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My world view, insights, thoughts, observations and this is what I intended to say….Part 4

22/01/2014

Why is it that the murder of one man is considered a criminal act whereas the killing of hundreds of thousands of innocent people committed in wars, is not considered so?

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God is not a concept. The concept god is a concept.

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The motor car is the most dangerous weapon in our society—cars kill more than wars do.

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Political correctness is a doctrine, fostered by a delusional, illogical progressive minority, and rapidly promoted by mainstream media, which holds forth the proposition that it is entirely possible to pick up a piece of shit by the clean end.

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You’re a ghost driving a meat coated skeleton made from stardust. What do you have to be afraid of?

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`But I don’t want to go among mad people, ‘ Alice remarked.
‘Oh, you can’t help that,’ said the Cat: ‘we’re all mad here. I’m mad. You’re mad.’
‘How do you know I’m mad?’ said Alice.
‘You must be,’ said the Cat, ‘or you wouldn’t have come here.’

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Pain in life is inevitable but suffering is not. Pain is what the world does to you, suffering is what you do to yourself. Pain is inevitable, suffering is optional.

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Malevolent rulers have kept us in economic subservience for hundreds of thousands of years, if not millions of years. All religions appear to share similar stories. It is possible that this template has been used since the earliest incarnations came to this planet, perhaps billions of years ago. We must learn to live without being economic slaves to the same system of domination and control. Our true history has been hidden from us. What is the purpose of suppressing such information? How many times have civilizations come and gone from this planet?

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Live below your means. Don’t buy stuff you don’t need. Always sleep on big purchases. Create a budget and savings plan and stick to both of them. Don’t enslave yourself to the bankers.

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Slavery didn’t end in 1833, when William Wilberforce’s decades-long campaign resulted in the Slavery Abolition Act. It didn’t end in 1863, when Abraham Lincoln signed the Emancipation Proclamation. It didn’t end in 1949, when the United Nations declared trafficking “incompatible with the dignity and worth of the human person.” The truth is, slavery never ended. It went underground, where it continues to exploit powerless men, women and children throughout the world.

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It’s simple. The boiled frog analogy explains the whole thing. Are not our human rights’ protections slowly evaporating in the same manner? All that’s required is that the heat increases at the necessarily imperceptible gradient.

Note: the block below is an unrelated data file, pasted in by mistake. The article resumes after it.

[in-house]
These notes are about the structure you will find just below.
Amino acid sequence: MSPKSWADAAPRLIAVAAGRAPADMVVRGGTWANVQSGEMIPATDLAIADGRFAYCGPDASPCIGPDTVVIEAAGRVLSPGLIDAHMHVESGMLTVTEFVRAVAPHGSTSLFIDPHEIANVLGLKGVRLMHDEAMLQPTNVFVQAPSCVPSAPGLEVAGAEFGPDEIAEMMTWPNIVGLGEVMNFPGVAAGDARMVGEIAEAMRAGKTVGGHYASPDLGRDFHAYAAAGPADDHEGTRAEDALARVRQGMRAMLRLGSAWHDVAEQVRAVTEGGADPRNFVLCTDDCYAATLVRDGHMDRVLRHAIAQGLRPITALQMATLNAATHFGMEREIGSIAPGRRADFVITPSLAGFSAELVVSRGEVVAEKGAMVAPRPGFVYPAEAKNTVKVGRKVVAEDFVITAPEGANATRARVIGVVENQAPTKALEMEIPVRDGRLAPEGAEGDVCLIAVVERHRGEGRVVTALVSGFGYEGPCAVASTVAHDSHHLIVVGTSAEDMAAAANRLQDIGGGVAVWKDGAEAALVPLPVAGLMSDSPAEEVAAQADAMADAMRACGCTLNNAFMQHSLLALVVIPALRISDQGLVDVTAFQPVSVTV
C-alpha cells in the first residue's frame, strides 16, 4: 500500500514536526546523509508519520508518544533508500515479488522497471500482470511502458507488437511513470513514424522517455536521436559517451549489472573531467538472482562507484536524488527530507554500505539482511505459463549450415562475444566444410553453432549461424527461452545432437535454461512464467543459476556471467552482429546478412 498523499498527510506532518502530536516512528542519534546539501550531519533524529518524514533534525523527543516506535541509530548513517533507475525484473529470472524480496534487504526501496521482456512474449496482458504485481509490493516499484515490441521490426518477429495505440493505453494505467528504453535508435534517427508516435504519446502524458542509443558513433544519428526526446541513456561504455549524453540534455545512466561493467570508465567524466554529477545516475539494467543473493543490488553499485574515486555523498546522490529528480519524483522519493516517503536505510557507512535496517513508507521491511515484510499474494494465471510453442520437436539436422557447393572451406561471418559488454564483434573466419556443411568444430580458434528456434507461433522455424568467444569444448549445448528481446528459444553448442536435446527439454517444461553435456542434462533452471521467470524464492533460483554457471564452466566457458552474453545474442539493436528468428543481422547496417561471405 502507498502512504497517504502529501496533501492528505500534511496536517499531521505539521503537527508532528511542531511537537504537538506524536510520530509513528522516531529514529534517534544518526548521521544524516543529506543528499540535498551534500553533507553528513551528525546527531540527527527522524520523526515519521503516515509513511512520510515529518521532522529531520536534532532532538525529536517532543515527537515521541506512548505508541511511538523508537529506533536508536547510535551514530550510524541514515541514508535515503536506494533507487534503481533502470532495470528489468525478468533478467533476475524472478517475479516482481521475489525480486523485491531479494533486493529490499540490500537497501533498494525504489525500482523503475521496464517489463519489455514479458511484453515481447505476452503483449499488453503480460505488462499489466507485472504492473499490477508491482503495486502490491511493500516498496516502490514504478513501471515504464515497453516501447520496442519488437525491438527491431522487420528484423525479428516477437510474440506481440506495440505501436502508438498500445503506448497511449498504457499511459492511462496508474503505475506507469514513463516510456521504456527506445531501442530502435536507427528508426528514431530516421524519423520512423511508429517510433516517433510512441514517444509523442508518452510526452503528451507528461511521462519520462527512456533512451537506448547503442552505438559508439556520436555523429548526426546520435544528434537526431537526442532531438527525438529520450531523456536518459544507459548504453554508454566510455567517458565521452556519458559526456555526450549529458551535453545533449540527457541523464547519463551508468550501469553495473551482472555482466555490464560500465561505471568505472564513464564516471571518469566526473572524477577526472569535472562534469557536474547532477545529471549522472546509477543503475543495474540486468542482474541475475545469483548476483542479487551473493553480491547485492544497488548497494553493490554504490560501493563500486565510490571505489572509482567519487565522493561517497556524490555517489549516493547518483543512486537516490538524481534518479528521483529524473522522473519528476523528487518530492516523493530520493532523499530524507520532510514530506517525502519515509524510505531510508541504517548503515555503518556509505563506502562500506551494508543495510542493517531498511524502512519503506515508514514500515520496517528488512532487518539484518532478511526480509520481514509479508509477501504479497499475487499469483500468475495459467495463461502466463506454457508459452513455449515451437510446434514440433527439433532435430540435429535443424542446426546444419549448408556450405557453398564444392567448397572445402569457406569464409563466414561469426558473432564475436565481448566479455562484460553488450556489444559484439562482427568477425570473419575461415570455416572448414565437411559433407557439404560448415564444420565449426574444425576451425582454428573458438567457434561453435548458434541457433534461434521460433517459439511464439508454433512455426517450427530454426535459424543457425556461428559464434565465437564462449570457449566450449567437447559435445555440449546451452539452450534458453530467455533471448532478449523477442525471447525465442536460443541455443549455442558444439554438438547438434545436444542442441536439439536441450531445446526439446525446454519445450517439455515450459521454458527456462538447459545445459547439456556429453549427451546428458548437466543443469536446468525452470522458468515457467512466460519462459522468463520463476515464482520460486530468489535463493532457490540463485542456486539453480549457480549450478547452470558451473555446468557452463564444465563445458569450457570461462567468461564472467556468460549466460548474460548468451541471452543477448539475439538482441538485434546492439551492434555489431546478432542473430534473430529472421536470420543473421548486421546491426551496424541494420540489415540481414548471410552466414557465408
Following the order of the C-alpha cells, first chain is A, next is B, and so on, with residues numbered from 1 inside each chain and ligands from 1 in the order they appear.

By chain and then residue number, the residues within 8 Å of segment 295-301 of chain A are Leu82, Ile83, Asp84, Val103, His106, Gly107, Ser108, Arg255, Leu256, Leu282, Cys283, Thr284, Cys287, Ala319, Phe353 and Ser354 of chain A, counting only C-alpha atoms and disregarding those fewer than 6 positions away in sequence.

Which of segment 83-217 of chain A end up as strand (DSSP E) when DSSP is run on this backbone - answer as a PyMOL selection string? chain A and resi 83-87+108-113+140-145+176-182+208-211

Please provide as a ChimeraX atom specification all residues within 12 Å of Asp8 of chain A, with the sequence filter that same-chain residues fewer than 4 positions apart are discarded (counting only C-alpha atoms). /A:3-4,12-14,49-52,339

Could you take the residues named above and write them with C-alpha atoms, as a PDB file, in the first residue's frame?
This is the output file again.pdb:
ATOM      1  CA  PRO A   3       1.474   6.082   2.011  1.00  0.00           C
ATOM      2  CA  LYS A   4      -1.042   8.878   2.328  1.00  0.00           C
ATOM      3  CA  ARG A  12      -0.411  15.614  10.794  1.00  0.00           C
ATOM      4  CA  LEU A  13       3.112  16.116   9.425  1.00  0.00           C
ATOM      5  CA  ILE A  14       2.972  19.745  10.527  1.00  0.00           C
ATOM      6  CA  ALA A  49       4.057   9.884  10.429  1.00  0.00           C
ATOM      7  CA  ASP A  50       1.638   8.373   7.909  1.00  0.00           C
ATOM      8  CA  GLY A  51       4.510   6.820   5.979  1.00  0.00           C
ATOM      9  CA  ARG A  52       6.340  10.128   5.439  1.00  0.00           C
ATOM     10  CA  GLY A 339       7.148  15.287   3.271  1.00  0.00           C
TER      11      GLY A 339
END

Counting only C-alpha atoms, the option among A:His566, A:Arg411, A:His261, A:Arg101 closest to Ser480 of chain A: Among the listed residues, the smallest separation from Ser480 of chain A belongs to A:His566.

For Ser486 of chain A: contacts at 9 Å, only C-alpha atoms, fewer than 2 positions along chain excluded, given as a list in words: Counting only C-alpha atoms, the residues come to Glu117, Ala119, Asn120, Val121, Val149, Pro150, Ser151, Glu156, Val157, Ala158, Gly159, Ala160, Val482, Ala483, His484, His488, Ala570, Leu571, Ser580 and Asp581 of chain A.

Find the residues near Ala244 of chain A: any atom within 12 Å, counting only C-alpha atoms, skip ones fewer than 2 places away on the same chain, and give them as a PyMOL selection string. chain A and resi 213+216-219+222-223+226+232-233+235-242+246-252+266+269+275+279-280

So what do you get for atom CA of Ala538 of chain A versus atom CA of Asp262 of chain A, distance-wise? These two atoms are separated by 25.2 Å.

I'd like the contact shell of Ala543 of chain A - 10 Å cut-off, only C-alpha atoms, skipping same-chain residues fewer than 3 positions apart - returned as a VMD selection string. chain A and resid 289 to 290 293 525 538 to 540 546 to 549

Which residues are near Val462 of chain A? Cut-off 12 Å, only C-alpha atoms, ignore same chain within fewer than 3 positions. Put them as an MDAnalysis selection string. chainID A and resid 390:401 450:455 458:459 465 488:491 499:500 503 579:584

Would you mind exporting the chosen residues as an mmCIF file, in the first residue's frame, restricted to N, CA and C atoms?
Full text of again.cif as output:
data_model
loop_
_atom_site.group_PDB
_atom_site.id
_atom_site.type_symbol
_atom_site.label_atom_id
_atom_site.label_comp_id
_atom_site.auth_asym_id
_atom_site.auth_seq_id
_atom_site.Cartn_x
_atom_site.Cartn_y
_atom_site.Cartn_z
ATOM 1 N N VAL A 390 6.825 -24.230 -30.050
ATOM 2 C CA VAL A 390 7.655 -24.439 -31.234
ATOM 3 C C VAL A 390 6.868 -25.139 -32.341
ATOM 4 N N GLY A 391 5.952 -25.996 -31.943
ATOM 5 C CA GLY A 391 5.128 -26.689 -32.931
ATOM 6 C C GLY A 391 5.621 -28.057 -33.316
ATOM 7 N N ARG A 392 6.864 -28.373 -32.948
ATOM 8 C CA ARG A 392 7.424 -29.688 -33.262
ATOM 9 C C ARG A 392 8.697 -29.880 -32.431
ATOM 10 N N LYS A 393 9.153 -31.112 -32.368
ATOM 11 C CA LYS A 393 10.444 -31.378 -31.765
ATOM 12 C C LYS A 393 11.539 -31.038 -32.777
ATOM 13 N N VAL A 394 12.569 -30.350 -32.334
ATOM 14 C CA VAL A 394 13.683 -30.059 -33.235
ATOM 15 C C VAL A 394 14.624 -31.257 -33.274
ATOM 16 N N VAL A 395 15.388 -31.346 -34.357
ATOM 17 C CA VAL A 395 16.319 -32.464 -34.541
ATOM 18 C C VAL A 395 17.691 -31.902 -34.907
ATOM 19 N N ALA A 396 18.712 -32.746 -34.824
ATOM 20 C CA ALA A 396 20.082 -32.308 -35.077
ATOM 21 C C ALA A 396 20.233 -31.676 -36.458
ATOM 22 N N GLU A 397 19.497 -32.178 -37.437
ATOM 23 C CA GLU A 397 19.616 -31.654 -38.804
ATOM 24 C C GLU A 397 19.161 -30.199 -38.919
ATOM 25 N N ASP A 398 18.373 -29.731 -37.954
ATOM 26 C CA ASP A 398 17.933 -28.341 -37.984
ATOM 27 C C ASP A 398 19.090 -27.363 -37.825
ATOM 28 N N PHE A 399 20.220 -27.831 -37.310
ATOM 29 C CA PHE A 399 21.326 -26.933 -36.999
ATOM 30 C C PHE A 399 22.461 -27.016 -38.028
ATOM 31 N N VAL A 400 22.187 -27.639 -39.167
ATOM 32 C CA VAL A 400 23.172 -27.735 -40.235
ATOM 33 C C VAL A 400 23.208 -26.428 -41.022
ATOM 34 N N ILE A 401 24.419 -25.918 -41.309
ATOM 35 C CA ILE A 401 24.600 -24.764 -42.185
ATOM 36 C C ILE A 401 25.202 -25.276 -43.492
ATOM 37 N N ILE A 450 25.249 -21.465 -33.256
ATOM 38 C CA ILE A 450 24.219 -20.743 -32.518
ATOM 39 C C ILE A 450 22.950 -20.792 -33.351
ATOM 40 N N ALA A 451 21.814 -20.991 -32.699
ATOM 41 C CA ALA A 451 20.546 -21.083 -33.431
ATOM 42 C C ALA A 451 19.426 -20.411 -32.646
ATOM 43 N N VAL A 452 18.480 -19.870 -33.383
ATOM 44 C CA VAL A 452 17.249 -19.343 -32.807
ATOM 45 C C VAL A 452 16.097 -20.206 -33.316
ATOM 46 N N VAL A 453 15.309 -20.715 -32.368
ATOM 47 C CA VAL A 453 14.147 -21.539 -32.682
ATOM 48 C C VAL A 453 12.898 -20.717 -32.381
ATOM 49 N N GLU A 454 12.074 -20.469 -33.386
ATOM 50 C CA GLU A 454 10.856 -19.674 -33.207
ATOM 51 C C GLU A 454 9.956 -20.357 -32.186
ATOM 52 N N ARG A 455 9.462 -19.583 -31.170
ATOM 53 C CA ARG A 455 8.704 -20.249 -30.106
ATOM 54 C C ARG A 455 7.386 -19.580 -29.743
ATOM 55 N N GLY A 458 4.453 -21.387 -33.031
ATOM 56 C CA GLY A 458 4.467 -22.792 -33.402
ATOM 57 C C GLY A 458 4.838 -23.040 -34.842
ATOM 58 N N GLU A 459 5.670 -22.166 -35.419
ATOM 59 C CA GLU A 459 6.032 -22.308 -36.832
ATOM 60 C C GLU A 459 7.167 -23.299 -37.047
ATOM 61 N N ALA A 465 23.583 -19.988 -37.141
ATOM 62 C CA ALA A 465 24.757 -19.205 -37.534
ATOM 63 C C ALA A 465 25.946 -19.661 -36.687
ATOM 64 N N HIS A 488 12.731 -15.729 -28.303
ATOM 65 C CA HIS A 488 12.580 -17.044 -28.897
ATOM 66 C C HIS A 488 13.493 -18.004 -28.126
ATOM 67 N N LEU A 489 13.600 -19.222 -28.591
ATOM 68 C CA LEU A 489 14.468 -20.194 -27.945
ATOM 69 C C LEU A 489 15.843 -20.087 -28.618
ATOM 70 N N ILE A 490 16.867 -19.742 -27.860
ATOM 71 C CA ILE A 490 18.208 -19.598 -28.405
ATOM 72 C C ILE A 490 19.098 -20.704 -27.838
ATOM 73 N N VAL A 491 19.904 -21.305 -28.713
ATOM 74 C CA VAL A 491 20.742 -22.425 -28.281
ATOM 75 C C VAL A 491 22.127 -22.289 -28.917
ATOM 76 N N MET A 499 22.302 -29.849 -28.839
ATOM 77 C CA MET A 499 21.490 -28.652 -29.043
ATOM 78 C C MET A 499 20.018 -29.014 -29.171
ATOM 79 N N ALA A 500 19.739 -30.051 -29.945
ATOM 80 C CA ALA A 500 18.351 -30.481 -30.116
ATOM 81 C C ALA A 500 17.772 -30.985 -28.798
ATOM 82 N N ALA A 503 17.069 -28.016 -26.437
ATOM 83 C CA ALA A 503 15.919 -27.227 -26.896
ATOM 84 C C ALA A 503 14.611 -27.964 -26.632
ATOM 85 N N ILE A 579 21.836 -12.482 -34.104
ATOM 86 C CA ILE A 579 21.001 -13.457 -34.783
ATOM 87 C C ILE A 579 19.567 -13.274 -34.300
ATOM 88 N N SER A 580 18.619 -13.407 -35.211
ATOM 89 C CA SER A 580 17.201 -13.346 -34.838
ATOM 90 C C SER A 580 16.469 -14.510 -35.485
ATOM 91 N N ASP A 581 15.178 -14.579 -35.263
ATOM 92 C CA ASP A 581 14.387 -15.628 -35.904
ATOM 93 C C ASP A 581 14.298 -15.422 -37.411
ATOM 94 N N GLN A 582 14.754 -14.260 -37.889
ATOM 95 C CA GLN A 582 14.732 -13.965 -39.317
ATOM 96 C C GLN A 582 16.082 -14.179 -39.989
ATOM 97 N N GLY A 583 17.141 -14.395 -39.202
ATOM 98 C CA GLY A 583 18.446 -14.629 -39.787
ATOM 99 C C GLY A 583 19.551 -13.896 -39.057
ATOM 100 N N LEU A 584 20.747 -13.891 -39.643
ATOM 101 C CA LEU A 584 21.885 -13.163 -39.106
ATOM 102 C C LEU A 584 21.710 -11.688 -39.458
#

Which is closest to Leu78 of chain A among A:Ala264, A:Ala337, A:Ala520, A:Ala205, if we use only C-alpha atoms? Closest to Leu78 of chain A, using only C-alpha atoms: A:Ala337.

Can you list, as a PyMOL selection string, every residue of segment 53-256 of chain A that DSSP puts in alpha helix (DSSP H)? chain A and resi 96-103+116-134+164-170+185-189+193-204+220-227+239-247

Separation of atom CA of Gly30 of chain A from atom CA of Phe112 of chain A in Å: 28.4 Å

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The longer I’m alive the less I want to be part of a mindless shallow consumer-driven, dream-drunken, enslaved sector of society—the dominant culture, the mainstream culture, the culture of the walking dead, the culture of the majority with an absence of challenges and a lack of shared values and norms. I rebel against the negative vibrations of that world—devoid of genuine rituals (not rote, empty, meaningless ones).

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We can no more control our thoughts than we can control the weather, as both are phenomena of most amazingly complex natural systems. And if we have no hope of controlling our emotions, we can hardly be held responsible any more than we can be held responsible for feeling hot or cold. We do, however, have complete dominion over our behaviour, and that is a sacred responsibility.

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The freedoms—the feeling of freedom which comes with shedding my responsibilities and worldly things, putting on a rucksack, and heading out. I feel that through shedding all of the restraints and expectations of society I’ve found the key to happiness. Nomads are known to have no permanent home, and travel with the seasons.

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The emphasis on Gallipoli and the Anzac legend has been part of our political culture. It is not part of history. Commemorations tells us about the present rather than the past. A commemoration is inherently political. The Anzac legend serves particular purposes: to reinforce those values that court the Anzac legend such as endurance, sacrifice, mateship. Values continue to be important to Australian governments who, in a materialistic, secular and individualistic society, try to persuade citizens to volunteer for war or serve as police officers or fire fighters. People willing to subordinate their individual needs and take risks for the interest of the collective. The commemoration calendar deflects debate about the legitimacy of war. This was obvious during the Iraq invasion of 2003, when John Howard made it difficult to criticise the war because you would thereby be criticising those who chose to serve. With that goes a silencing of debate about the reasons that soldiers are deployed. Our tradition is about honouring volunteer soldiers.

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